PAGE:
Aging and the Art of Coping

Published In Mental Health & Well-Being

Perhaps the greatest challenge seniors face is accepting who they are now, not trying to remain the way they used to be.

That’s easier for some of the changes wrought by aging than for others. Wrinkles and hair color can be hidden, but that’s not as true of what the body can do. Unless they are incredibly lucky, most seniors have had to cut back on their daily three-mile jog, can no longer scamper nimbly up the stairs to find the missing car keys, or even waltz gracefully around the dance floor.

That’s not to say they have given up. As families and caregivers will testify, most seniors are fiercely independent and many have found ways to deal with the painful knees and hips, the ever-present fatigue, and the overall pains induced by years of use, overuse, and abuse.

Not surprisingly, most seniors have devised coping strategies. Families and caregivers can assist without being intrusive. For instance, they can take over the driving, do the shopping, fix meals, help with such simple chores as doing the laundry or changing beds but, again, without simply taking over. Those independent seniors need to stay involved.

Coping Mechanisms

Some coping mechanisms are obvious and generic, such as eye glasses and hearing aids, canes and walkers. Others are gender specific. Over the head elastic and front closure bras, for instance.

Some are far more subtle and designed for specific needs. For example:

  • All sorts of assists are available for low vision. Find out how to reverse colors—white on dark is easier to read than dark on white. You also need a good supply of magnifying glasses, starting with the smart phone app, “Spectacles,” which is great once you figure out how to focus it, along with handheld devices of   2X or up to 5X, depending on your needs.
  • Audio books and books on tape are other easy solutions for those who have low vision problems and trouble reading.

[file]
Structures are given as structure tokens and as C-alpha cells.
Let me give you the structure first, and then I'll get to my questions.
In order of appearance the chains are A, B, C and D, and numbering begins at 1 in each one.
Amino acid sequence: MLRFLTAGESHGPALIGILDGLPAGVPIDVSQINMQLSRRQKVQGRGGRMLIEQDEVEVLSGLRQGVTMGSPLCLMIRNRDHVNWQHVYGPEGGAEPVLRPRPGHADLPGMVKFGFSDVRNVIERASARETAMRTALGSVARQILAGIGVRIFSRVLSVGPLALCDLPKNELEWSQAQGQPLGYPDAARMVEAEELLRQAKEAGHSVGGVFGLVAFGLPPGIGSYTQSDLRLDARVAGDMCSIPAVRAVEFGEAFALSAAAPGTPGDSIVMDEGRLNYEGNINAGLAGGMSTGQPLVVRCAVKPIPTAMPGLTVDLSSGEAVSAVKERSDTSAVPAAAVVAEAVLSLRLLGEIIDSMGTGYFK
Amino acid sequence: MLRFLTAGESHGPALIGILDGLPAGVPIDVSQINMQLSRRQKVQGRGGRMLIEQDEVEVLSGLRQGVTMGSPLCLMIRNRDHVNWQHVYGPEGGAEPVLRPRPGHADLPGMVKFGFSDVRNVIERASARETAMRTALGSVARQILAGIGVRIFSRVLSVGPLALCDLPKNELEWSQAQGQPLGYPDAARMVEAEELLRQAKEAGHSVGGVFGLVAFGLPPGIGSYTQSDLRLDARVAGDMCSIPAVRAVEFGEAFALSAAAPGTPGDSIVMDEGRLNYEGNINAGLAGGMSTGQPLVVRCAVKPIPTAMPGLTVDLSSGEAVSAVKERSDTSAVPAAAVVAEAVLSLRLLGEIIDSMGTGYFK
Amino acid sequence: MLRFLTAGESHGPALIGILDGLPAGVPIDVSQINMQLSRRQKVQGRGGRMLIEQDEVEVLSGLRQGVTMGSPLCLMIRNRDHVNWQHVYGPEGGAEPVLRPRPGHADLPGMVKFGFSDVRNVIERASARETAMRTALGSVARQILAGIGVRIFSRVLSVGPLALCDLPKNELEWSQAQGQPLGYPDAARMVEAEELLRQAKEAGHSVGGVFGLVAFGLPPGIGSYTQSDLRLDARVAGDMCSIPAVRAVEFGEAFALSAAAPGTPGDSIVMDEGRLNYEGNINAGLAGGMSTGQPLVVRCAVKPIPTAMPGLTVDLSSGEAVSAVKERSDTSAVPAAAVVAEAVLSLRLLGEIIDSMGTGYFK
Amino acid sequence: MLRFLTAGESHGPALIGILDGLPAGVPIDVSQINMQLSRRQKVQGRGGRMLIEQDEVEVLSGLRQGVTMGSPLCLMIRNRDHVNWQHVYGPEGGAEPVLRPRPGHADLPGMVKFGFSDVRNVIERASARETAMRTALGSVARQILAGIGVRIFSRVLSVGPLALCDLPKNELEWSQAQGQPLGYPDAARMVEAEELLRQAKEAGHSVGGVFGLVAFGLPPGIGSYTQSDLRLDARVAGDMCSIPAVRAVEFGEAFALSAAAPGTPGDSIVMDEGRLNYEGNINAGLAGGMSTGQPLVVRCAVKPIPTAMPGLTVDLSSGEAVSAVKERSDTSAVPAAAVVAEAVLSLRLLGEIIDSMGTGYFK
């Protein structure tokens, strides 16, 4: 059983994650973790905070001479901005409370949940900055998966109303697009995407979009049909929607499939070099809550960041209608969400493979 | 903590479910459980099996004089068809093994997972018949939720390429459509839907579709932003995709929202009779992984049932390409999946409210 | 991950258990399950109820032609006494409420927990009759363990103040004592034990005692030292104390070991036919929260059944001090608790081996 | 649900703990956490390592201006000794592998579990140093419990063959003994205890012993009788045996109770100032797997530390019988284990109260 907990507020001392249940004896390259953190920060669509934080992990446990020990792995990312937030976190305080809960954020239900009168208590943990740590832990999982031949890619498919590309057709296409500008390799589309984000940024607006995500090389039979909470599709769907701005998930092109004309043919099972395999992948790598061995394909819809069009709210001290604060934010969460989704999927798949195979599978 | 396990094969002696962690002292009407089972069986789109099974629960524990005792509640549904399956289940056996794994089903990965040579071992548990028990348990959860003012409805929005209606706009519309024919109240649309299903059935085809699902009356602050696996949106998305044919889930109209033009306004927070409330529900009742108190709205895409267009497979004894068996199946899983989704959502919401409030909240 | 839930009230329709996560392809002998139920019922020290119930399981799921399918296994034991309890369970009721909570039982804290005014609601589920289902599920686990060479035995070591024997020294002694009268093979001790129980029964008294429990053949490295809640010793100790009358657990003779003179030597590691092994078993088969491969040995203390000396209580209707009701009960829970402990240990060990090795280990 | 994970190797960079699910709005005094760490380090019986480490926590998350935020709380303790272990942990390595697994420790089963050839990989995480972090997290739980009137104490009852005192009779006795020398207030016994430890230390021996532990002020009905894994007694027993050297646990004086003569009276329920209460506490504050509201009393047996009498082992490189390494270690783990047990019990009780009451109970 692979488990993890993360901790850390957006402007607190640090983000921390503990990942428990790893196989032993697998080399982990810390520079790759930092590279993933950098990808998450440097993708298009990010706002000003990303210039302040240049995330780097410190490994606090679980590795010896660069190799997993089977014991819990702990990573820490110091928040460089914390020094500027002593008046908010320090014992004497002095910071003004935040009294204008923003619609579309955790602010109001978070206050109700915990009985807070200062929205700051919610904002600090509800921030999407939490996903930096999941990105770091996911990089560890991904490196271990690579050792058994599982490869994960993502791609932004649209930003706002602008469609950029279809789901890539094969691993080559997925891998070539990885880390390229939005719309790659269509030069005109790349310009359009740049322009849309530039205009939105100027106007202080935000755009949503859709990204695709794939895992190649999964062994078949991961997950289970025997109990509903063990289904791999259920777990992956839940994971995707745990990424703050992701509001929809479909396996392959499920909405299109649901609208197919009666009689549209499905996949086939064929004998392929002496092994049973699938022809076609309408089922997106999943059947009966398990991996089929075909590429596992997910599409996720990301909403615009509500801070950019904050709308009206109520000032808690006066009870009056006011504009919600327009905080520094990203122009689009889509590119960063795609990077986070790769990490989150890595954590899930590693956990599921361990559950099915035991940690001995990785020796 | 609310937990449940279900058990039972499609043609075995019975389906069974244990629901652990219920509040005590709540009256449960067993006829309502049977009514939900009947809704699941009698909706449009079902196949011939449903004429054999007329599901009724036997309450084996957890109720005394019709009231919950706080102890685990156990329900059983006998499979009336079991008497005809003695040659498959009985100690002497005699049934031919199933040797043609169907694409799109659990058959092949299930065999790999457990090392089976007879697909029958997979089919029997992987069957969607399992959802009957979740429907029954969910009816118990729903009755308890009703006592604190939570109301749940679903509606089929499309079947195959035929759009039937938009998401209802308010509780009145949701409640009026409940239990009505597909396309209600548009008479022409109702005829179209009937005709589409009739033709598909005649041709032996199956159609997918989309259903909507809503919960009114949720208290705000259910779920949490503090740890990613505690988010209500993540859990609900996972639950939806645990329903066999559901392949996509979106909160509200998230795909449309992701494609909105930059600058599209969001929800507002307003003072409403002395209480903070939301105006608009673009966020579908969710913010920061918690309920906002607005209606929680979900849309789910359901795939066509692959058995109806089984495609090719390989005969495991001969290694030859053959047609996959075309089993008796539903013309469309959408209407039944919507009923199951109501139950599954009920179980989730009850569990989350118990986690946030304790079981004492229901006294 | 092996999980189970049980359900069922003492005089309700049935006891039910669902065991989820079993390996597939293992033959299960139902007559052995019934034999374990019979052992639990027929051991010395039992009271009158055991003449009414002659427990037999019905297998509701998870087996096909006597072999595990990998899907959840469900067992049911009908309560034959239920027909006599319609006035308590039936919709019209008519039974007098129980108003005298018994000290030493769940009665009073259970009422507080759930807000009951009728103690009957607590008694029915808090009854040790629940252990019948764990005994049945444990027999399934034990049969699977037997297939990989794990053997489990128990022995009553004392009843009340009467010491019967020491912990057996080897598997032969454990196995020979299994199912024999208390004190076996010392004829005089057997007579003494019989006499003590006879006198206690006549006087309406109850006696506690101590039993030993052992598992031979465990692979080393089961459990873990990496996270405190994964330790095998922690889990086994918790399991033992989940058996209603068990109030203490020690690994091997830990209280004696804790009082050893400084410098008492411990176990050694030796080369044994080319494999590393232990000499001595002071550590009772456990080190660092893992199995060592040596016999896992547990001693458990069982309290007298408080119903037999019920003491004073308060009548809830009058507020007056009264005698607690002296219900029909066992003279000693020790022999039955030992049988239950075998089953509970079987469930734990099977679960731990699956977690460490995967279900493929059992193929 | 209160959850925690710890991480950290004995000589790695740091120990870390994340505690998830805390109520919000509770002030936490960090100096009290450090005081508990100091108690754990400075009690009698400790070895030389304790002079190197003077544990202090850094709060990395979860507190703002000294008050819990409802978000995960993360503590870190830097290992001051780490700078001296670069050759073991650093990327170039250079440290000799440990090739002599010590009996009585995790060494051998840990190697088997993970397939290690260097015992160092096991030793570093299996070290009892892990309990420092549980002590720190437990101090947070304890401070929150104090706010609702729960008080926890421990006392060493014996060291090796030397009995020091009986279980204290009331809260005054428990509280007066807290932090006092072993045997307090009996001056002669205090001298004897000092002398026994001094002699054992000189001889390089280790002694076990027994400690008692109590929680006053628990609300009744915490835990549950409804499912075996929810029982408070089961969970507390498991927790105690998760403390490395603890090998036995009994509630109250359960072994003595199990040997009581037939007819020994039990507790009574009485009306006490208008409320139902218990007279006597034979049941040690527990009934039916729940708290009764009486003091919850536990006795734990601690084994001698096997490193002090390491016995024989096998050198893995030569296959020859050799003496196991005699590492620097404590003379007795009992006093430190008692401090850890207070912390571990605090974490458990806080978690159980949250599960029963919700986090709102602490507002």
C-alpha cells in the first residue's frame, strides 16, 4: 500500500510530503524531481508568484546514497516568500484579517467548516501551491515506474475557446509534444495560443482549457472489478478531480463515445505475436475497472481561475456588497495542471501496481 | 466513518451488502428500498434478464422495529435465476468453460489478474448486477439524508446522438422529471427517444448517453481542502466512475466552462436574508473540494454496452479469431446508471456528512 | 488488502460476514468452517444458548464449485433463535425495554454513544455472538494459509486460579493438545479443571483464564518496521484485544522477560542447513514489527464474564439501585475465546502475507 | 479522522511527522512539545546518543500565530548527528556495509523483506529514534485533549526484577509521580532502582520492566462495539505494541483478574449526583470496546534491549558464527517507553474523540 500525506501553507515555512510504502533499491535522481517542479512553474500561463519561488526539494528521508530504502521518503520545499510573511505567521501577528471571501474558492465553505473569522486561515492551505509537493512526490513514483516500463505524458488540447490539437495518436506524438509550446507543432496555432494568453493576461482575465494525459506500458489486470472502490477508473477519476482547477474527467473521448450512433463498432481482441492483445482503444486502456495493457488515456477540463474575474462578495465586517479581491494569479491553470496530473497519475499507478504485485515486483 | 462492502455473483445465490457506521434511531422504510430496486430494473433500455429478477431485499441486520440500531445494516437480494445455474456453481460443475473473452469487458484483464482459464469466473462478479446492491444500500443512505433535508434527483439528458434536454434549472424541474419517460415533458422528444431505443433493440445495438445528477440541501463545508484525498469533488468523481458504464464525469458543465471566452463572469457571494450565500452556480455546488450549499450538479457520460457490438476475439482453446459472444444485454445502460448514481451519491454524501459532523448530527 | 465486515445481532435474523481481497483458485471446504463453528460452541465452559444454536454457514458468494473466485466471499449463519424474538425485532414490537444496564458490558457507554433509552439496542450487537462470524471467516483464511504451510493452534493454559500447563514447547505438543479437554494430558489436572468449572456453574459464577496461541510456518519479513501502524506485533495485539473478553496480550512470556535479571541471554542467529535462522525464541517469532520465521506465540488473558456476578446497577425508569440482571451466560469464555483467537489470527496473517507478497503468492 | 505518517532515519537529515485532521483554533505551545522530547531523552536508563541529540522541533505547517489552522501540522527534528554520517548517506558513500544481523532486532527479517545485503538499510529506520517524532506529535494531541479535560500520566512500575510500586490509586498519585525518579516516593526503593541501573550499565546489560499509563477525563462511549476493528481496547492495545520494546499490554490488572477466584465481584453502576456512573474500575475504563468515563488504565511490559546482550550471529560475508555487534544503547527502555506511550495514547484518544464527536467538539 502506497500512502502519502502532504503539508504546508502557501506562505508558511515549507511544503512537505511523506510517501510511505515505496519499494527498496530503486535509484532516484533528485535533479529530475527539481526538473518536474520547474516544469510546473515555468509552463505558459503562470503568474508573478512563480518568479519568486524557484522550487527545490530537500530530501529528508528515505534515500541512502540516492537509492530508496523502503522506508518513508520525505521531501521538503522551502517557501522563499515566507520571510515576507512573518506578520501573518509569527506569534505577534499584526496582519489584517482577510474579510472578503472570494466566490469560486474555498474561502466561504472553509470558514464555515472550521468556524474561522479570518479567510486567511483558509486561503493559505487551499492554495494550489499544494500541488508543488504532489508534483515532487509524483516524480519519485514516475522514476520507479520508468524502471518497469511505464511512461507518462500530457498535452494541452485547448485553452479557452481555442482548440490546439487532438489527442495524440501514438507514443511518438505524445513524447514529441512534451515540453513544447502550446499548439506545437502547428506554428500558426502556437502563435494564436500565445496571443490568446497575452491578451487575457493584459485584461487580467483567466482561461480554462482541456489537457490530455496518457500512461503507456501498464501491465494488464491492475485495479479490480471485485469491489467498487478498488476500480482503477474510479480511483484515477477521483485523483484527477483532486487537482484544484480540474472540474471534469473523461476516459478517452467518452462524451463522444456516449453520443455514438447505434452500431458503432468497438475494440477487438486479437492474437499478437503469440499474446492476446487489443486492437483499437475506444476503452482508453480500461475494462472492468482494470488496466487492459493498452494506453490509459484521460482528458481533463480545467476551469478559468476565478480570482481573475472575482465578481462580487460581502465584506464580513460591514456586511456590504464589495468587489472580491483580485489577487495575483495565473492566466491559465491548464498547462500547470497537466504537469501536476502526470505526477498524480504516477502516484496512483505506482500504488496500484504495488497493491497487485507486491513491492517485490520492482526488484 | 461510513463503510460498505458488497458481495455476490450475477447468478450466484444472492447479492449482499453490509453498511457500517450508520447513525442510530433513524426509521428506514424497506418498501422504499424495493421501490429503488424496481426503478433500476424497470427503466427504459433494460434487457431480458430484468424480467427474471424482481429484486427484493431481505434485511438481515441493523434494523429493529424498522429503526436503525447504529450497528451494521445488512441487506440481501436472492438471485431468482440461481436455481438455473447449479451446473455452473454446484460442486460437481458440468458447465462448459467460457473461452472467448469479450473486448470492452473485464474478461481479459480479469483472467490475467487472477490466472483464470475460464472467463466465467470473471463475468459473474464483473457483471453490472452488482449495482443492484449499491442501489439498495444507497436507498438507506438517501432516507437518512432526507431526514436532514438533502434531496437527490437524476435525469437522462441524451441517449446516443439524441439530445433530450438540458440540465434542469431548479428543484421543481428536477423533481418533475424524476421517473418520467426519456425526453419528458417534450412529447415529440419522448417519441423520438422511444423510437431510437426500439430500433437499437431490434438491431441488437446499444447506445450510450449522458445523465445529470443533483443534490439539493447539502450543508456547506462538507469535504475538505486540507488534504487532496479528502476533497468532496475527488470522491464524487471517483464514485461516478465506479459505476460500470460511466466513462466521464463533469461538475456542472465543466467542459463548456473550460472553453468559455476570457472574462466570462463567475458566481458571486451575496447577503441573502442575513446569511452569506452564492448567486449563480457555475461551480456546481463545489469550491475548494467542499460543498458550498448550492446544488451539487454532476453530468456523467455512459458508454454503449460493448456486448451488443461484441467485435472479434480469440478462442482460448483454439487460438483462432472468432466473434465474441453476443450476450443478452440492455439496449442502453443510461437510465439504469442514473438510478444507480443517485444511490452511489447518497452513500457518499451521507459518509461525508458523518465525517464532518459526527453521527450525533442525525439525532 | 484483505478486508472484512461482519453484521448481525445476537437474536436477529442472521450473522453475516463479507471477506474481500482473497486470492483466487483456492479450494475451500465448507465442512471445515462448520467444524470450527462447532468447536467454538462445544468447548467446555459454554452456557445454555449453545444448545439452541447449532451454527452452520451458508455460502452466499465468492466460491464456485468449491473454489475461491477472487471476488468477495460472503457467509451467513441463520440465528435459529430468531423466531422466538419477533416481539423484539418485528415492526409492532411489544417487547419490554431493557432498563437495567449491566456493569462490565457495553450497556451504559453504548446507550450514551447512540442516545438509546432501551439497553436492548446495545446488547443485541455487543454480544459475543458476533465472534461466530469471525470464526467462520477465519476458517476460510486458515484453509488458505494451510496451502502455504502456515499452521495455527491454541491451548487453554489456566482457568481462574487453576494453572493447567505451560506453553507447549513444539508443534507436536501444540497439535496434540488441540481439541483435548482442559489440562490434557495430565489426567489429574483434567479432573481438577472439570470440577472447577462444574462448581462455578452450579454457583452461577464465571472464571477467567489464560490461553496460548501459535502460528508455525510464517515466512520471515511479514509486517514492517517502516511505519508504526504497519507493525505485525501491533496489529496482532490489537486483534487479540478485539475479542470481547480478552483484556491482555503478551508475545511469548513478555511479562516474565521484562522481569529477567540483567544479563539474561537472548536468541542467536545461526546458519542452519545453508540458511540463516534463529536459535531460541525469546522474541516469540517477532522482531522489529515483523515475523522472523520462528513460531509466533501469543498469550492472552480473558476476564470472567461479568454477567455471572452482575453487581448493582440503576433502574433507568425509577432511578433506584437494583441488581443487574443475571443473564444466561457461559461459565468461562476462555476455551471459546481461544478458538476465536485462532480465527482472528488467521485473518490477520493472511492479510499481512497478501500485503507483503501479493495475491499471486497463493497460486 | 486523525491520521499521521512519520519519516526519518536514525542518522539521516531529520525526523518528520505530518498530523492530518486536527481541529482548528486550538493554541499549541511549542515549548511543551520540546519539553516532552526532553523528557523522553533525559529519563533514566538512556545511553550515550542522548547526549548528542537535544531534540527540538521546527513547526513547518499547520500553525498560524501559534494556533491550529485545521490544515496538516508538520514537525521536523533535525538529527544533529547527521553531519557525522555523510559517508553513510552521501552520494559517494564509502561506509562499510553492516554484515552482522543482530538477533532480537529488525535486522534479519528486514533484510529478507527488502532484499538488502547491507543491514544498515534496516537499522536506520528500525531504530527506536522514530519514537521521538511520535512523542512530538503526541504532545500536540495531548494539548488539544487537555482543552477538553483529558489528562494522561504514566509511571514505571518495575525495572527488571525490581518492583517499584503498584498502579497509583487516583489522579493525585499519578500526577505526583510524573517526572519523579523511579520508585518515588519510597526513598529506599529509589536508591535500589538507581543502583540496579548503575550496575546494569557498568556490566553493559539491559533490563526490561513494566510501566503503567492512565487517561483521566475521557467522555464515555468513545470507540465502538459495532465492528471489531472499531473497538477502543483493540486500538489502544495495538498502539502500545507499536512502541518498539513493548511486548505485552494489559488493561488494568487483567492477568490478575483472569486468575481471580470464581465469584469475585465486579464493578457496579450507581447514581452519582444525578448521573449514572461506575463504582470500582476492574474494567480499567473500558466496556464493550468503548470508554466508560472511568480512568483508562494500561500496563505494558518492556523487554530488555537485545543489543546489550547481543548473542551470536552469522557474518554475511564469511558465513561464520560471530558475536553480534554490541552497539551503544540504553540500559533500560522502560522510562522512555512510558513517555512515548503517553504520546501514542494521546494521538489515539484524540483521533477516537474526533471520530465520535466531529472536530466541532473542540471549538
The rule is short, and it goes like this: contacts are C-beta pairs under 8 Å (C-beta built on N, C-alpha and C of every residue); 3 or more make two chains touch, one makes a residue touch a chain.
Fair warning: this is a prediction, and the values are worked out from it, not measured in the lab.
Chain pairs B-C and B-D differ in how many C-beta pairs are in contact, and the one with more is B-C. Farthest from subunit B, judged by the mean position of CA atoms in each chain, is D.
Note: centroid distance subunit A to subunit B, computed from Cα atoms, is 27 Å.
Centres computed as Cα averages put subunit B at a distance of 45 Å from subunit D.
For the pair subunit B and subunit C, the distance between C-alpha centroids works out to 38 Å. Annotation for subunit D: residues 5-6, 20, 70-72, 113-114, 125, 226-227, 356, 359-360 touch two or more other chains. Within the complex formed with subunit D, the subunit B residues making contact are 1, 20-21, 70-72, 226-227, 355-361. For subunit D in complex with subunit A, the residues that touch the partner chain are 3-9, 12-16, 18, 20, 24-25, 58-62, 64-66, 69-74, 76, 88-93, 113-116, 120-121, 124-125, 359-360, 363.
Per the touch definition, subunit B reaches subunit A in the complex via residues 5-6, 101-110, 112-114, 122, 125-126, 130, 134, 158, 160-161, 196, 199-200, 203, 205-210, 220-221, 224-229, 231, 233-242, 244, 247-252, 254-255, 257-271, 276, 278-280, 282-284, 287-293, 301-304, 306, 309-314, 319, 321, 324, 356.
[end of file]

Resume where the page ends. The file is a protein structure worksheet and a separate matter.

• Suction-held hand grips and/or a stool and hand-held shower head provide safer and easier self-bathing;
  • If you qualify for a handicapped parking pass, get it and use it — even if you don’t consider yourself “handicapped.” You have no idea how much easier it is to park close and conveniently.
  • Invest in an over the shoulder bag to replace your heavy purses and handbags. A sizeable waist pack or light backpack are other options and make it so much easier to tote your wallet, cell phone and other essentials.
  • And while you are at it, pare down your purse and wallet. Carry only what you absolutely need, maybe just ID, a credit card or two. and a bit of cash — then leave the rest at home.
  • Same with keys. Why lug a heavy keychain when you only need a house key and a car key?
  • Doing some shopping? Invest in a wheeled cart — the kind that “climbs” stairs — to tote your packages. Saves strain on back, arms and shoulders and gives you an extra crutch to lean on if necessary.
  • If you have trouble getting in and out of a car, those well-advertised swivel seats are a great help, as are the handles you can insert in the door to help you get out and stand up.

Do Your Research

The list of useful coping devices could, and should be, endless because every senior, either knowingly or unconsciously, has found ways to cope with all sorts of age-related problems. You probably have some of your own but never thought of them as coping mechanism, merely as ways to make your life more manageable.

If you need more ideas — and to get a heads up on what may be coming next — check out some of the catalogs and websites aimed at seniors (even though they don’t necessarily advertise themselves that way). Gold Violin and First Street are good places to start or you can turn to Google, checking out such topics as low vision aids, mobility assistance or whatever your need may be.

Remember, seniors want to be independent. They need to perfect the art of coping to meet their own individual needs. To accomplish this, they need positive support from family and caregivers. Seniors who manage to remain positive and accept themselves as they are now, not as they once were, and somehow manage to keep smiling, have truly mastered the art of coping.

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